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County poised to sell courthouse, McCoy building downtown
Having sold its Wapato jail this spring, Multnomah County is now entertaining offers for more of its aging flagship properties, including two in the heart of downtown.
The county's hired real estate firm, CBRE, is entertaining offers on the Central Courthouse, at 1021 S.W. Fourth Ave. and the Gladys McCoy building, at 426 S.W. Stark St., until next month.
The impending sales, along with another one underway of a probation office at 421 S.E. 10th Ave., are one reason why county officials are entering a bit of uncharted territory: having money to spend on the county's future construction needs and desires.
The potential expenditures considered for the future range from seismic upgrades at the Multnomah County Justice Center downtown, to replacing the county's antiquated animal shelter — and potentially even investing in a municipal high-speed internet system, officials say.
"We're at a place where we've got a couple of big things tackled. Now we can look to the future," said county Chief Financial Officer Mark Campbell.
But first, there's the task of selling the courthouse and the McCoy building. The county board is expected to hear about recommended offers from CBRE as early as next month.
Ideas include homeless, the arts
The comment period recently ended for what the public hopes the properties could be sold for. Ideas for how the properties could be reused included office space, a homeless shelter, affordable housing or a performance center, said county spokesman Mike Pullen.
Of course, the county won't have much say in how the property is eventually used, a lesson taught by the $5 million Wapato sale in April. Shortly after selling the never-used jail to developer Marty Kehoe for purported use as a medical supply distribution center — at about half its appraised value — the county learned that the property had already been resold by Kehoe and could be used for purposes the county board had earlier rejected — as a homeless shelter or even as a jail. No final decision has been made.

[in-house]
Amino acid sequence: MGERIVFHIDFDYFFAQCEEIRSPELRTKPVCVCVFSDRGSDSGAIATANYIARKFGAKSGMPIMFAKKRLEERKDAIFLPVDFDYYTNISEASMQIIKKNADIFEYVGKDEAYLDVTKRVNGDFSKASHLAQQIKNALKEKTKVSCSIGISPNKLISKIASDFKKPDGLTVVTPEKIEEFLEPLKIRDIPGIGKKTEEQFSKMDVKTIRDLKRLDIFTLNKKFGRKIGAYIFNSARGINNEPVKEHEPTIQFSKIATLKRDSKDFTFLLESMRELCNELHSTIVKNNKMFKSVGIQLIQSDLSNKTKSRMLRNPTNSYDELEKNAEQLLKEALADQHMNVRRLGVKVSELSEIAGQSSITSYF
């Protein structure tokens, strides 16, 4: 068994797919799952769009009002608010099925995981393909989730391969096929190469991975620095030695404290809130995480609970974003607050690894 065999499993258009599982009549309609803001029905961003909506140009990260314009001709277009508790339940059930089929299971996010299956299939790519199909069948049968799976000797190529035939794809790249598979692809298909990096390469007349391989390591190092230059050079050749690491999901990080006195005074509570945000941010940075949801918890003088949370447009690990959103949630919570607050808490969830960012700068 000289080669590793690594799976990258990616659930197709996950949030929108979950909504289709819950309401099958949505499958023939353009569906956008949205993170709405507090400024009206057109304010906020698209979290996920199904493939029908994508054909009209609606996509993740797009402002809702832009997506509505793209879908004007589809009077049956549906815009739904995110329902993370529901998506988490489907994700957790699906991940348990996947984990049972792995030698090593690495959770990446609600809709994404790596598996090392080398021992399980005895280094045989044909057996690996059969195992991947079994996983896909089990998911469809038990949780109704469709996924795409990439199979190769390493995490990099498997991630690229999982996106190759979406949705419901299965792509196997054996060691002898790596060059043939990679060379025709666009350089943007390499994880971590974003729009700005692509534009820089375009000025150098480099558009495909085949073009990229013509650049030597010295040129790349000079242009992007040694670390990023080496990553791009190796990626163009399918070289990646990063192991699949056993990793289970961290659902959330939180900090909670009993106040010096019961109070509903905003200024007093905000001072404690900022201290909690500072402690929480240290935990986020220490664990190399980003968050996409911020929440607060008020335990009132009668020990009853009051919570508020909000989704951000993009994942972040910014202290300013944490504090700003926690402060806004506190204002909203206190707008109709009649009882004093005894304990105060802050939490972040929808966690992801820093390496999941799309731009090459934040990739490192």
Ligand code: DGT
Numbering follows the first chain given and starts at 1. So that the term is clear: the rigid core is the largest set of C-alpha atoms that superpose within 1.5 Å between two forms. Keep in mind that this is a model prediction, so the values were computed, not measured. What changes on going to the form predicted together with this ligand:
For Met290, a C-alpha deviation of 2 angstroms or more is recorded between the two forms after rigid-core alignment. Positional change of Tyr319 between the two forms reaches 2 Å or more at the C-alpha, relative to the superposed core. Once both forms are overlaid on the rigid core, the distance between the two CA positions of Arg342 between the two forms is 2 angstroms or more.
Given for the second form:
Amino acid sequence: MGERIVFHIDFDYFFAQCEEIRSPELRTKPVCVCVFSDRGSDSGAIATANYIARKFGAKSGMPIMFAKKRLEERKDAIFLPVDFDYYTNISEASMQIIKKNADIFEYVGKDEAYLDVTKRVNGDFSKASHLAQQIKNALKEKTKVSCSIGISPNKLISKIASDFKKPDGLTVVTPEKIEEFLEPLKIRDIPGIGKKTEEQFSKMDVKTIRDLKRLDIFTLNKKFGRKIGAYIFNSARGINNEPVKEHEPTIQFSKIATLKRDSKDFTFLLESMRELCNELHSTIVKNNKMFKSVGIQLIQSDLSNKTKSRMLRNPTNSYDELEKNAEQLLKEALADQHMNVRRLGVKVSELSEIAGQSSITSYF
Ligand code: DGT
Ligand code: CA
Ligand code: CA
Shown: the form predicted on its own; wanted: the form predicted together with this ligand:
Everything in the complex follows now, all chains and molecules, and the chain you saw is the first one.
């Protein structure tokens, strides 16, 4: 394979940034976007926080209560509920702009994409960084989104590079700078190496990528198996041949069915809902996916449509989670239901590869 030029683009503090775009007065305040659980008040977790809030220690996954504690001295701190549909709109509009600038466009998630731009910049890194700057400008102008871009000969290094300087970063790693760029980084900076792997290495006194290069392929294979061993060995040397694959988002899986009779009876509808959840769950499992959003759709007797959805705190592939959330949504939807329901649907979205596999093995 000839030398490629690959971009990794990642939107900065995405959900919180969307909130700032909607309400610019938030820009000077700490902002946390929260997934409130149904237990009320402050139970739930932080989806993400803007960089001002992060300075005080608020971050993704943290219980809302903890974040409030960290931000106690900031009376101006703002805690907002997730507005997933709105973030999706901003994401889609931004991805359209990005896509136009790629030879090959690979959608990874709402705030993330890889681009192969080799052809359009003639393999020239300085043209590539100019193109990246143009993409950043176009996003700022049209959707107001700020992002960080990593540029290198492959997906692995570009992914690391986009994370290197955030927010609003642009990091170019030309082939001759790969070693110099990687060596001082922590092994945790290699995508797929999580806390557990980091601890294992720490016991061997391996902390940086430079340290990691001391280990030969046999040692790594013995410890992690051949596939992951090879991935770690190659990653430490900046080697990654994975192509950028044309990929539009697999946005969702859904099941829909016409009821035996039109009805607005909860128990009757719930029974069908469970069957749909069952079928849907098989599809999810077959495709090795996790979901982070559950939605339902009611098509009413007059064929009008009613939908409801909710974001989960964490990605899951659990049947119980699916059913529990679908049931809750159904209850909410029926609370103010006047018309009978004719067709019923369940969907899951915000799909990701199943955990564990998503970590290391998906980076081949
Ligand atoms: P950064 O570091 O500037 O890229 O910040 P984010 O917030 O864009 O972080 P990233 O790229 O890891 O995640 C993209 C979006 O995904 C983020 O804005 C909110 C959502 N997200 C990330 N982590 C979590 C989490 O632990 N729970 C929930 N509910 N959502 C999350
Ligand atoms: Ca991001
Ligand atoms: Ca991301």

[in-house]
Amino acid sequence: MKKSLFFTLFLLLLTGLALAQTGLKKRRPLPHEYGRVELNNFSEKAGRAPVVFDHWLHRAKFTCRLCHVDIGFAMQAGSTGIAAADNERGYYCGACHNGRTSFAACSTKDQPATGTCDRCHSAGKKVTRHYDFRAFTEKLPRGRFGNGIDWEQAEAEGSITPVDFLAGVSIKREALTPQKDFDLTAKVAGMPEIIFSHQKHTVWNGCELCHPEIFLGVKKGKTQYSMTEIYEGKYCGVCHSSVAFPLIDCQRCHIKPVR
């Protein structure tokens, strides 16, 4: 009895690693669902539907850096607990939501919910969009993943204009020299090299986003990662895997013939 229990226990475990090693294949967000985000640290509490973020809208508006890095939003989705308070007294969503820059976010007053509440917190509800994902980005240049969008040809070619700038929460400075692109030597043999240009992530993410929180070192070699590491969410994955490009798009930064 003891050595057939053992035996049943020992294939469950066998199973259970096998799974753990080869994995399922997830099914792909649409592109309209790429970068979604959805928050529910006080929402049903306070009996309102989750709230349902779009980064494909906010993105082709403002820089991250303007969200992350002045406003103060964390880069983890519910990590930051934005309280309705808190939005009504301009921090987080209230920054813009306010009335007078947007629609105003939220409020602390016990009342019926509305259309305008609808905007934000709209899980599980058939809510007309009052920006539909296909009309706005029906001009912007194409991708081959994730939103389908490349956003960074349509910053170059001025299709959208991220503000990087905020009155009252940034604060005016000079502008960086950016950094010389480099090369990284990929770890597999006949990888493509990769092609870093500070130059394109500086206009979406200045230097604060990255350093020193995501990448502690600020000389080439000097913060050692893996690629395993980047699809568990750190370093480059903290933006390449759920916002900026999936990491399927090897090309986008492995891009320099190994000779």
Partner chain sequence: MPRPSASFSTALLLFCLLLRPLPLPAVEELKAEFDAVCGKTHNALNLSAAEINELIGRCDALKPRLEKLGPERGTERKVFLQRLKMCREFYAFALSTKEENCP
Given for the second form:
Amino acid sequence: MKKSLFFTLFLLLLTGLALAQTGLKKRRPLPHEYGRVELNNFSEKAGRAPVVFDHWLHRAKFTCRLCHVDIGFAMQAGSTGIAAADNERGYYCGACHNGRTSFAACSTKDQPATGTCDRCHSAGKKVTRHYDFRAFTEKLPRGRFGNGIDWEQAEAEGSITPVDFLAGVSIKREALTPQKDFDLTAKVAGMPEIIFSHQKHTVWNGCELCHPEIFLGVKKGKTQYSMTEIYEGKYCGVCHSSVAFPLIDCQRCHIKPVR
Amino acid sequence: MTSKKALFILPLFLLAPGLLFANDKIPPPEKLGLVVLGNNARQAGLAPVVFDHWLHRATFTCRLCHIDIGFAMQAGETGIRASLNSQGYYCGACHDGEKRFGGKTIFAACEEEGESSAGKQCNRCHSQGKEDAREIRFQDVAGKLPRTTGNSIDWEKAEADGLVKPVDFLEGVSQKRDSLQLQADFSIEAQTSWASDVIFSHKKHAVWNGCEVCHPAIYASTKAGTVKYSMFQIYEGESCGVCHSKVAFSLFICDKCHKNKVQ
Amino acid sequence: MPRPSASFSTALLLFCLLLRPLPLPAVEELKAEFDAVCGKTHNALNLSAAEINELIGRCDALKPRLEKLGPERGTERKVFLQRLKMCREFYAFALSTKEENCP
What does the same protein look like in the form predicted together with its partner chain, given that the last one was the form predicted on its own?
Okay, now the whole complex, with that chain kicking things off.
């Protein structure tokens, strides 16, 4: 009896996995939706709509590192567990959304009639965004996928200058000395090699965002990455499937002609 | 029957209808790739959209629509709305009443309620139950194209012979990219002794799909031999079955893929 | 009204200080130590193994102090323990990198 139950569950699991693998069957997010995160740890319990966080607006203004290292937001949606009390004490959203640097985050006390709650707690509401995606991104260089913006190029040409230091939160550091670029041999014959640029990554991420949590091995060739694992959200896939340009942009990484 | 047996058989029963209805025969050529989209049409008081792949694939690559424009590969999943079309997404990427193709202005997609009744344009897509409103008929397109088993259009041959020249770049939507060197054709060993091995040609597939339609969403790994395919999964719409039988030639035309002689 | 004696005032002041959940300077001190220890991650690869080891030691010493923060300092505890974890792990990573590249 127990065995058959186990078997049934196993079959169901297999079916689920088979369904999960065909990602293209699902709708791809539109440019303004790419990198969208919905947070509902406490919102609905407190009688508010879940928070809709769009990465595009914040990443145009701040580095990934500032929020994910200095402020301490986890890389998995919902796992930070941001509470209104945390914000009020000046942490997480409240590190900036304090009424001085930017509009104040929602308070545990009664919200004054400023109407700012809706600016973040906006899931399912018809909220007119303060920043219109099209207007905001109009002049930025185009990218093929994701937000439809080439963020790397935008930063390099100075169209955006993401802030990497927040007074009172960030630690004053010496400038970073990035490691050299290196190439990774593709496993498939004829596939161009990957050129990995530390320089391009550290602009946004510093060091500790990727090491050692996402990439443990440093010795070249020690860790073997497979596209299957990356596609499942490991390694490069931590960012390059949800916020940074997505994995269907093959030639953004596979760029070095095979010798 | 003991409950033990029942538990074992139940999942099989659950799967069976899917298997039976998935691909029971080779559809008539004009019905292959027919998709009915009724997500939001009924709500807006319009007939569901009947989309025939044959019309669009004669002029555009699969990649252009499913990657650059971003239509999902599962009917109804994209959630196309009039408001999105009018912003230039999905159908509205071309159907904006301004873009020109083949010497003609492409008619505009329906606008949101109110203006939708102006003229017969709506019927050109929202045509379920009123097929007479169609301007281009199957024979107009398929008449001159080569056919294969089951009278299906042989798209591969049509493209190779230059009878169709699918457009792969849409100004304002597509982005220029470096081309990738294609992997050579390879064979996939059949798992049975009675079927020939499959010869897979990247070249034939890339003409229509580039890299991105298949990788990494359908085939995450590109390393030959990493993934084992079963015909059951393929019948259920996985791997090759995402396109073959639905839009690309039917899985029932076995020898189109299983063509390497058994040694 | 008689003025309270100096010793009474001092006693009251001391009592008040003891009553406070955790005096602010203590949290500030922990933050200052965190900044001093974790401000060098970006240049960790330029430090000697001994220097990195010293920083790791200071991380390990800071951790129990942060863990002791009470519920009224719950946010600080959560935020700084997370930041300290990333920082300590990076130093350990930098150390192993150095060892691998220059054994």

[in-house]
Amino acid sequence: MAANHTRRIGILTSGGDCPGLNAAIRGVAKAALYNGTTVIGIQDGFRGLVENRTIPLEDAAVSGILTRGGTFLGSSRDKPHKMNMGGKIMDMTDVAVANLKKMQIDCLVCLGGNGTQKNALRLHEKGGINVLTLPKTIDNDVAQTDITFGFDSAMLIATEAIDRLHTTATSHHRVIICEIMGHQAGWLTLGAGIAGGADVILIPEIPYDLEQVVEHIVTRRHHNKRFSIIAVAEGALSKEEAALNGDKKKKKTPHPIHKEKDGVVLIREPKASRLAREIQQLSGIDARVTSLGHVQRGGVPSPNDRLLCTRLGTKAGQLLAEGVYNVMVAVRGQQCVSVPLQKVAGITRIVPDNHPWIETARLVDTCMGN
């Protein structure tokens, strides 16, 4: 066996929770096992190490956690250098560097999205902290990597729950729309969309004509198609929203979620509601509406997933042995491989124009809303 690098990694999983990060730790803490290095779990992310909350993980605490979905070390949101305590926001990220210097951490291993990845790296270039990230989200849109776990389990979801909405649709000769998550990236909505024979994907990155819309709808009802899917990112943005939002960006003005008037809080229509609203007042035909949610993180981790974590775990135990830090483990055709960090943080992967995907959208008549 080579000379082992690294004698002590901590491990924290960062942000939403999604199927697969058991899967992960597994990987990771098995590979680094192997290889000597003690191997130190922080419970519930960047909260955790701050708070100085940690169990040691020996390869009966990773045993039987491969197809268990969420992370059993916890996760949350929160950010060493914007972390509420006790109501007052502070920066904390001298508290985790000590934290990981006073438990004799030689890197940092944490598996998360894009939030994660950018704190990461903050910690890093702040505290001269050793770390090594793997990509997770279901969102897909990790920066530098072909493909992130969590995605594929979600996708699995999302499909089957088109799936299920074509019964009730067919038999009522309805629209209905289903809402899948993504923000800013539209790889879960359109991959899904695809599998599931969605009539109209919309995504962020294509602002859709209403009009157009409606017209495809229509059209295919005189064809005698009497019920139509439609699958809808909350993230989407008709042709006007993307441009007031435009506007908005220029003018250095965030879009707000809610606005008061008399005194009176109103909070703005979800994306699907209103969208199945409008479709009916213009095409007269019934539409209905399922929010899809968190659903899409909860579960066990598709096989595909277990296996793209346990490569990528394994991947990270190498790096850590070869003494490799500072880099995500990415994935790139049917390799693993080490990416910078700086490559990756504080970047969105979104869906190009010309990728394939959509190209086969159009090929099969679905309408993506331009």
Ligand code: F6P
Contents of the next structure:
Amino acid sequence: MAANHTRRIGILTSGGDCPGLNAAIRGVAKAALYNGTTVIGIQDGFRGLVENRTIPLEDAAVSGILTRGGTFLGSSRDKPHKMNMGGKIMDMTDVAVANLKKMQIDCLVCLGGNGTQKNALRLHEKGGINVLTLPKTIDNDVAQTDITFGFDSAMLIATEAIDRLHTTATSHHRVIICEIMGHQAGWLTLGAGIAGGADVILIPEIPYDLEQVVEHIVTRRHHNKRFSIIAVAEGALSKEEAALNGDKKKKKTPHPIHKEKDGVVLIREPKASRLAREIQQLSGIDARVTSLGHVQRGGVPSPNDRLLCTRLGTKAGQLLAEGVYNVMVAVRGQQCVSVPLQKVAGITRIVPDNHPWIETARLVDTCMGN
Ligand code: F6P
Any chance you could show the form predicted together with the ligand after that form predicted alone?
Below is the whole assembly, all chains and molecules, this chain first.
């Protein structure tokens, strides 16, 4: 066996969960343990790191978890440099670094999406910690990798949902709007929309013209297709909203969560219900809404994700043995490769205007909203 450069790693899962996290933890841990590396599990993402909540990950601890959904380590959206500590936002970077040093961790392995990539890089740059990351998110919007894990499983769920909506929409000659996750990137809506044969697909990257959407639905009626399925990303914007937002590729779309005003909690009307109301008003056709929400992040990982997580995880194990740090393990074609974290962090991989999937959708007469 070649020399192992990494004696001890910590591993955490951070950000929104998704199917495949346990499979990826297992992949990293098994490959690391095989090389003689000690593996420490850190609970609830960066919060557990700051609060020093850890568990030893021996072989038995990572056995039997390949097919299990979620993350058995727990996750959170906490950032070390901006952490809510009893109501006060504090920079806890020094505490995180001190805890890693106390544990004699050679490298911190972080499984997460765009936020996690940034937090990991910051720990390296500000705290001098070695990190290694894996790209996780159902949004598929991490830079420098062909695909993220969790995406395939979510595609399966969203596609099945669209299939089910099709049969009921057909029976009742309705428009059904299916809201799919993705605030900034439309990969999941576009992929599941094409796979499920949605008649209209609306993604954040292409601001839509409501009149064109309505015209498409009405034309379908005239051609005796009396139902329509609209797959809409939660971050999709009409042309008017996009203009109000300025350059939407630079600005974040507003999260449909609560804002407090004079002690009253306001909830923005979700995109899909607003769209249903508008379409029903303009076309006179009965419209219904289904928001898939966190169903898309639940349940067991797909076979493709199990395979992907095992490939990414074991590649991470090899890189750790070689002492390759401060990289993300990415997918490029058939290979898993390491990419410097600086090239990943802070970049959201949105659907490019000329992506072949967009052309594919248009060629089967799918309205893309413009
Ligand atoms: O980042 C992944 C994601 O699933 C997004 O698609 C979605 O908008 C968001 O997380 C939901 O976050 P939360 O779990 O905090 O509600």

But for the county's downtown properties, the market likely will be the final decider, and the main options are condos, office space or a hotel, observers say.
The county and CBRE have been hosting tours by potential buyers, usually of both buildings together. At a time of low vacancy rates downtown, there's a lot of interest, especially in the courthouse building.
While the building is in need of substantial seismic upgrades, its desirable location and historic facade suggests it could easily fetch more than its assessed value of about $41 million, and immediately be turned into revenue-generating office space for the buyer.
"I think downtown Portland is very desirable property," Pullen said.
The McCoy building is considered less desirable, but is expected to draw offers of more than $5 million.
The county adopted a fairly conservative construction philosophy after the dot-com bubble burst more than a decade ago and put the county at risk of being downgraded by Moody's as a credit risk. The board approved a policy that no more than 5 percent of its general fund revenue could be used for debt service, or about $25 million.
The county is now spending about $21 million or $22 million a year on debt service, Campbell said. But a lot of that debt is going to be paid off soon, creating options for the county that are expected to go before the board later this summer.
The 5 percent policy has "kept us from getting too far out over our skis," Campbell said. "We've spent a lot of time over the last decade and a half building our reserves back up and getting to a place where we can meet ongoing obligations with ongoing revenues."
When the McCoy building is sold, proceeds will be used to help pay for its replacement building in Old Town/Chinatown. Construction of that facility began last year.
Proceeds from selling the courthouse have not been allocated, meaning it will be up to the board to decide how they will be spent. If asked, Campbell will recommend it be used to pay down debt, freeing up general fund dollars to be used in other ways.
"It's kind of like you got a bonus at the end of the year and you decide to pay down your mortgage," he said. "It's that simple."
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